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Article

Black Dance By Johnson, Jasmine

DOI: 10.4324/9781135000356-REM1661-1
Published: 01/10/2017
Retrieved: 20 July 2019, from
https://www.rem.routledge.com/articles/black-dance

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Black dance is both an aesthetic and historical category. When the term first appeared in the late 1960s, it referred to dance forms grounded in African Americans’ collective experience, but over time the term “black dance” has come to encompass both vernacular (social) and theatrical (stage) dance created by African-descended peoples in the United States and around the world. From the Cakewalk to the Charleston to the Lindy Hop to rock and roll dancing, twentieth-century social dances emerged first within black subcultures and then circulated broadly within dominant cultures. Over the same period, black artists commanded the international dance stage, from Bert Williams and George Walker to Josephine Baker to Katherine Dunham to Alvin Ailey. In everyday life and on the concert stage, black dance is a constitutive dimension of modernism.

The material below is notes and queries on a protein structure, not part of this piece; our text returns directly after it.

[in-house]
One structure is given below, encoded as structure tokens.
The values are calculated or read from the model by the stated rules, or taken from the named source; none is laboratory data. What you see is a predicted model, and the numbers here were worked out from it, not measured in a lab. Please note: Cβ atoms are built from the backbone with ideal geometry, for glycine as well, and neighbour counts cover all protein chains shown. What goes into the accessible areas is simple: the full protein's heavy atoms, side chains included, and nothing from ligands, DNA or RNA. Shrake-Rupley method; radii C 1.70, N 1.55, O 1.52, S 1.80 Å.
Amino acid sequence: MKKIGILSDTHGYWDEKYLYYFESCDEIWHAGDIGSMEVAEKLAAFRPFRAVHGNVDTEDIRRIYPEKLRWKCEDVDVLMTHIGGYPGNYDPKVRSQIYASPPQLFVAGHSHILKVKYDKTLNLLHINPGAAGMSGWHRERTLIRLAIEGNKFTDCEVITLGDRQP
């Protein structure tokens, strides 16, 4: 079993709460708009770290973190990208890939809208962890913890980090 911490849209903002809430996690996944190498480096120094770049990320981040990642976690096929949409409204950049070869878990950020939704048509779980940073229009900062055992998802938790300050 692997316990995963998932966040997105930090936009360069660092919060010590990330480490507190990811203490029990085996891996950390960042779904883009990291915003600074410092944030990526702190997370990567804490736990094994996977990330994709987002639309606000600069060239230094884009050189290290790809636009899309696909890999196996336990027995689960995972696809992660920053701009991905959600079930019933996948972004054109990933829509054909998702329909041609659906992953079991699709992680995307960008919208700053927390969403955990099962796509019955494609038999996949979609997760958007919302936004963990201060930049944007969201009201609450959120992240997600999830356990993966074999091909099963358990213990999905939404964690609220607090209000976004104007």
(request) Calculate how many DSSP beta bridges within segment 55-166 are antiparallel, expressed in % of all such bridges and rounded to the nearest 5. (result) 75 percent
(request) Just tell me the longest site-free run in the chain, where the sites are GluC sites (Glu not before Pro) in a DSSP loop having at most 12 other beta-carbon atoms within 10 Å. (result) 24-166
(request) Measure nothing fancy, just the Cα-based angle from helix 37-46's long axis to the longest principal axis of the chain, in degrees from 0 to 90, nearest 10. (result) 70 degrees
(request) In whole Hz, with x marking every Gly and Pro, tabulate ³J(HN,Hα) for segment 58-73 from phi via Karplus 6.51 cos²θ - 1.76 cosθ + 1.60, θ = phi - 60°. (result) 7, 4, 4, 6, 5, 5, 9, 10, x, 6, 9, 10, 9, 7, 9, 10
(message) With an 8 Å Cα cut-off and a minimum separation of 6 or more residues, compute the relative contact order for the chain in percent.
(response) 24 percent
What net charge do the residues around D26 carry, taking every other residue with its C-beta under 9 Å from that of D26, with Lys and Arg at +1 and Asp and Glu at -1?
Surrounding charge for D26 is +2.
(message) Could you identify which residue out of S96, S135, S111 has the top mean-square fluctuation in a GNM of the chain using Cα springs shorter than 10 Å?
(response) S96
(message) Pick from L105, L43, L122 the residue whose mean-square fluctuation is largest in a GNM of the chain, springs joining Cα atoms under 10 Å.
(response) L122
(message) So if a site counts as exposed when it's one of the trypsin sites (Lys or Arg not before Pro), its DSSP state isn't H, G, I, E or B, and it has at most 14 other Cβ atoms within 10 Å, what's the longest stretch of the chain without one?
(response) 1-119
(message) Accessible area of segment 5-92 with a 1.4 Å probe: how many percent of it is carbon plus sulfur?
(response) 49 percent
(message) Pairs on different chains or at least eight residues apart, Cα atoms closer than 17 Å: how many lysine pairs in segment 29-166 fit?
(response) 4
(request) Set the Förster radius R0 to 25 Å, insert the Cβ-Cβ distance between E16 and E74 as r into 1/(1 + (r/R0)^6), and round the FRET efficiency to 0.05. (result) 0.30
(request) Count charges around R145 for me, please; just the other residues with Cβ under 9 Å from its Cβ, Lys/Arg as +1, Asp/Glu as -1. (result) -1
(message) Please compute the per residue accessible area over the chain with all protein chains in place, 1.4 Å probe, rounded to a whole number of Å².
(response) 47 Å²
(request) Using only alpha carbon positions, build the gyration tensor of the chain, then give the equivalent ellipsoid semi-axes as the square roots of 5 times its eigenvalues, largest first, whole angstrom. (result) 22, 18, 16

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01/10/2017

Article DOI

10.4324/9781135000356-REM1661-1

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Citing this article:

Johnson, Jasmine. "Black Dance." The Routledge Encyclopedia of Modernism. : Taylor and Francis, 2016. Date Accessed 20 Jul. 2019 https://www.rem.routledge.com/articles/black-dance. doi:10.4324/9781135000356-REM1661-1

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